Business of Farming Conference examines realities of a career in agriculture

Last weekend more than 250 farmers and budding agricultural entrepreneurs gathered at Warren Wilson College for Appalachian Sustainable Agriculture Project’s 11th annual Business of Farming Conference.  The conference worked to provide a venue for those interested in agriculture to take part in training sessions which included forums for farm business planning, agritourism operation, web-based marketing and food safety protections. Attendees were given their choice of sessions over the course of the day, which included three training periods.

Charlie Jackson, executive director for ASAP, opened the conference by providing insights into the current status of farming in North Carolina with statistics gleaned from the forthcoming 2012 Census of Agriculture.Jackson also provided a breakdown of our “food dollars” showing how much of each dollar that we spend ends up in the hands of farmers. The figures revealed that only slightly more than 11 cents out of each dollar we spend makes its way back to the farmer; the rest are distributed out into the larger economy. Holly Whitesides of Against the Grain farm in Watauga County recounted her experiences as a farmer and the journey of operating a farm.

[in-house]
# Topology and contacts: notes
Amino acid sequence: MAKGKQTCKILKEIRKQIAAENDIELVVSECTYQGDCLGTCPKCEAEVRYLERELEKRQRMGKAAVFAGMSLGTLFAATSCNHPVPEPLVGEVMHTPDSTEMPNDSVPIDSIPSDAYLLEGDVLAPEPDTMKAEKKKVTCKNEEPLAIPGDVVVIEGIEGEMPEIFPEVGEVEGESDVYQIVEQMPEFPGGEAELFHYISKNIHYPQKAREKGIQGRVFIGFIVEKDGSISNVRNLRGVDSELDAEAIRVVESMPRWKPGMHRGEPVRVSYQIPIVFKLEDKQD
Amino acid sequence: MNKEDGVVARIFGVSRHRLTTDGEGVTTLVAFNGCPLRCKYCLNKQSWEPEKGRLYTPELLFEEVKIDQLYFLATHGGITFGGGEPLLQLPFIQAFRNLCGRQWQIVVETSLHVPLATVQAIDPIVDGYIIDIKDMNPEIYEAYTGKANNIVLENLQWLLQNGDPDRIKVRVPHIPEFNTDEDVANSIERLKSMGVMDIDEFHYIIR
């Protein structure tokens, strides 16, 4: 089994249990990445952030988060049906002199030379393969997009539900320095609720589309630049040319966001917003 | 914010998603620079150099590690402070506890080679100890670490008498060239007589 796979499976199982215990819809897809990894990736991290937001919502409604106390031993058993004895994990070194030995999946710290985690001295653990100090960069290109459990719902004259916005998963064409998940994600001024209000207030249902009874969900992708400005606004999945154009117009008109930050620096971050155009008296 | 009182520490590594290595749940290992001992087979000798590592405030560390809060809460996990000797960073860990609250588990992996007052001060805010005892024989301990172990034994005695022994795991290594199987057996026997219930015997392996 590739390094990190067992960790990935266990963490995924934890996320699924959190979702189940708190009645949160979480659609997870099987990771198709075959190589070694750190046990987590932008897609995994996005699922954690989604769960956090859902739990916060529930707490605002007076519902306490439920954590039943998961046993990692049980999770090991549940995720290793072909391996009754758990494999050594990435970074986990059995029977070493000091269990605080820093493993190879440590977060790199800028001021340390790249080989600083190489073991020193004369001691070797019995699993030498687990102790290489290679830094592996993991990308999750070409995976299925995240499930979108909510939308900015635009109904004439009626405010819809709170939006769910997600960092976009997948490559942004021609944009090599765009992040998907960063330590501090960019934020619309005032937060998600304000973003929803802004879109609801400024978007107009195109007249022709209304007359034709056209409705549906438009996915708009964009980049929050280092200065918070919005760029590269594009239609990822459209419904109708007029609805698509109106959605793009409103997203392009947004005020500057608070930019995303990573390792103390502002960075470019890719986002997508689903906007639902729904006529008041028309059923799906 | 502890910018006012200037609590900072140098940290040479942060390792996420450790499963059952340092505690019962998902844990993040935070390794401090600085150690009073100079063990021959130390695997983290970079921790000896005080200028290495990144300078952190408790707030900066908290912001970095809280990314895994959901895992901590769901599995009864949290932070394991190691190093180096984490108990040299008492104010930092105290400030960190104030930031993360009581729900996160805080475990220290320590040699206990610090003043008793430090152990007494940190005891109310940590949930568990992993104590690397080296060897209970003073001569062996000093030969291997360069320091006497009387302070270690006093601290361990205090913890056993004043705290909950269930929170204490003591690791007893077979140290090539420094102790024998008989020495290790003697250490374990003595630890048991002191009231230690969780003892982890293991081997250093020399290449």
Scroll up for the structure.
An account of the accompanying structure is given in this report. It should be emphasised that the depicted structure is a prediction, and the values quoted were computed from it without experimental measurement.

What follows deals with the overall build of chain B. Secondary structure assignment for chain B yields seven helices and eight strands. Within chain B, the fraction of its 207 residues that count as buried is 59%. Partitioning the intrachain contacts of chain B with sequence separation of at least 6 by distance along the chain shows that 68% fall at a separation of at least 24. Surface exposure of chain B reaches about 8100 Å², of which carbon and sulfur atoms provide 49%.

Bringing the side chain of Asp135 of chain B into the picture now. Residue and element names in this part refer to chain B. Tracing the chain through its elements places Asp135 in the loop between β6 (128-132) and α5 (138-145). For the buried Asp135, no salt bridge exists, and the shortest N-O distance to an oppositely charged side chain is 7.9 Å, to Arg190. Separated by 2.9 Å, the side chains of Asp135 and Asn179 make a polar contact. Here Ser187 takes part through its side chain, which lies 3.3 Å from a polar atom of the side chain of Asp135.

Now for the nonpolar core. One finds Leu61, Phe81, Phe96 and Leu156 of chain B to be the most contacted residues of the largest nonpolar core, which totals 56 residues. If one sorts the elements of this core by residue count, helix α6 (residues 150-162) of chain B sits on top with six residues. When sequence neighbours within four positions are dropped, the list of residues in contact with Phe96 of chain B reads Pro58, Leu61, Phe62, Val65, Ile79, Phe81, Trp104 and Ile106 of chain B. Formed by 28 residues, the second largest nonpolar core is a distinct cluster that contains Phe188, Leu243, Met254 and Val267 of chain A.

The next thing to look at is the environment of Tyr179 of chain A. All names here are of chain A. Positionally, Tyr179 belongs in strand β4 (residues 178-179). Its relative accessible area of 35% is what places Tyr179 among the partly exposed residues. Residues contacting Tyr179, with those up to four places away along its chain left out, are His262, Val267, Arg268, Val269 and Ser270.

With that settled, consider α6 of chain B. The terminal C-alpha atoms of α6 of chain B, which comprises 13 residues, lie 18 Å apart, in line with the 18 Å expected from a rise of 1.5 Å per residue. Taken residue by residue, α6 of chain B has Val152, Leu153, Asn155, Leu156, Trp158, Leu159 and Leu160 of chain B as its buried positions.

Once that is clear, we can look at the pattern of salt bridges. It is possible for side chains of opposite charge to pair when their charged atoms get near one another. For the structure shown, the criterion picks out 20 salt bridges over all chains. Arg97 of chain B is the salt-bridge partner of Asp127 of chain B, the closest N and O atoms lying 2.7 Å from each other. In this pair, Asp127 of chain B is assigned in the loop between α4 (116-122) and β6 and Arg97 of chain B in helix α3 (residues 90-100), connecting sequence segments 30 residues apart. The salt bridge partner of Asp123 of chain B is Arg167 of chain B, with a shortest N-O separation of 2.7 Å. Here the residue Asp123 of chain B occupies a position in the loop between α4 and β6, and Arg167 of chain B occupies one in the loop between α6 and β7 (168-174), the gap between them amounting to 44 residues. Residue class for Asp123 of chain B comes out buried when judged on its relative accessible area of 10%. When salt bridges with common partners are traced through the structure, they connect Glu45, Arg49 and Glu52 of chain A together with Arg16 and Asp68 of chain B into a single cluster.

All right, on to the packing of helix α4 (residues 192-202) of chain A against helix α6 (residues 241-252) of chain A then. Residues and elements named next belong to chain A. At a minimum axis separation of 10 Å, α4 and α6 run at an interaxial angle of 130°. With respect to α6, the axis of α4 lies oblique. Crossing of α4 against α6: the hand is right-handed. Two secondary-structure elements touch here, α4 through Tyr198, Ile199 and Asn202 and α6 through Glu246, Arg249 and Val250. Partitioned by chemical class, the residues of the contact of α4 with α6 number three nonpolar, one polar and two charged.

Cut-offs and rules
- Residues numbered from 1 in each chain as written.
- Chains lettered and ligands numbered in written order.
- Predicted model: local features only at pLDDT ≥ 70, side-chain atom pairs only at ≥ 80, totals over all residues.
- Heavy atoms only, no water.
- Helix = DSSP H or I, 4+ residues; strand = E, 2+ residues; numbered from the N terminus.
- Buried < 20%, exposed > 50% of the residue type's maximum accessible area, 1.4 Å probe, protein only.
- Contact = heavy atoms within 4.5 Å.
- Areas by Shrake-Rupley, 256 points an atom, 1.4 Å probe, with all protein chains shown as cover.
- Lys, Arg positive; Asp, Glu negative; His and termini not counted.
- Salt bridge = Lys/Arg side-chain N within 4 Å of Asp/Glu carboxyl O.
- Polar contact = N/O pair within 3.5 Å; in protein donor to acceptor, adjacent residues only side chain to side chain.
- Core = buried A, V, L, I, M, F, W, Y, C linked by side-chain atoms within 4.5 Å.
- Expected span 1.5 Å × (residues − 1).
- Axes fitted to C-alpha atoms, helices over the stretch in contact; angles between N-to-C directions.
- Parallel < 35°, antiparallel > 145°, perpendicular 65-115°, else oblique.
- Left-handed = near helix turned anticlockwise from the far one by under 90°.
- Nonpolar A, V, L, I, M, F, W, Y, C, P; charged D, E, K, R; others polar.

In addition to the more formal training sessions, attendees were given an opportunity to consult directly with experts in legal issues, business formation, marketing, product development and web design.  Buyers were also on hand to meet with farmers about selling their products to retailers, wholesalers and restaurants.  Warren Wilson offered a post-lunch tour of its farming operations, giving attendees an opportunity to see baby chickens and pigs as well as its garden and greenhouse operations.

The sessions held and the experiences shared were intensely personal, offering attendees a chance to understand the nuances of farming.  While the sessions varied in content, several themes were woven throughout the conference; many of the presenters who operated their own agricultural operations talked about their struggles and successes as a case for creating collaborations and partnerships. During the sessions on agritourism and community building, presenters talked about their own dreams and what had inspired them to share their visions of agriculture with the wider community. The importance of business planning underscored the conference.

The Business of Farming conference offered a unique experience allowing those of any level of agricultural interest to understand the business side of farming.  Participants left inspired, but with a new sense of purpose regarding how they could take the next step in their own ventures.


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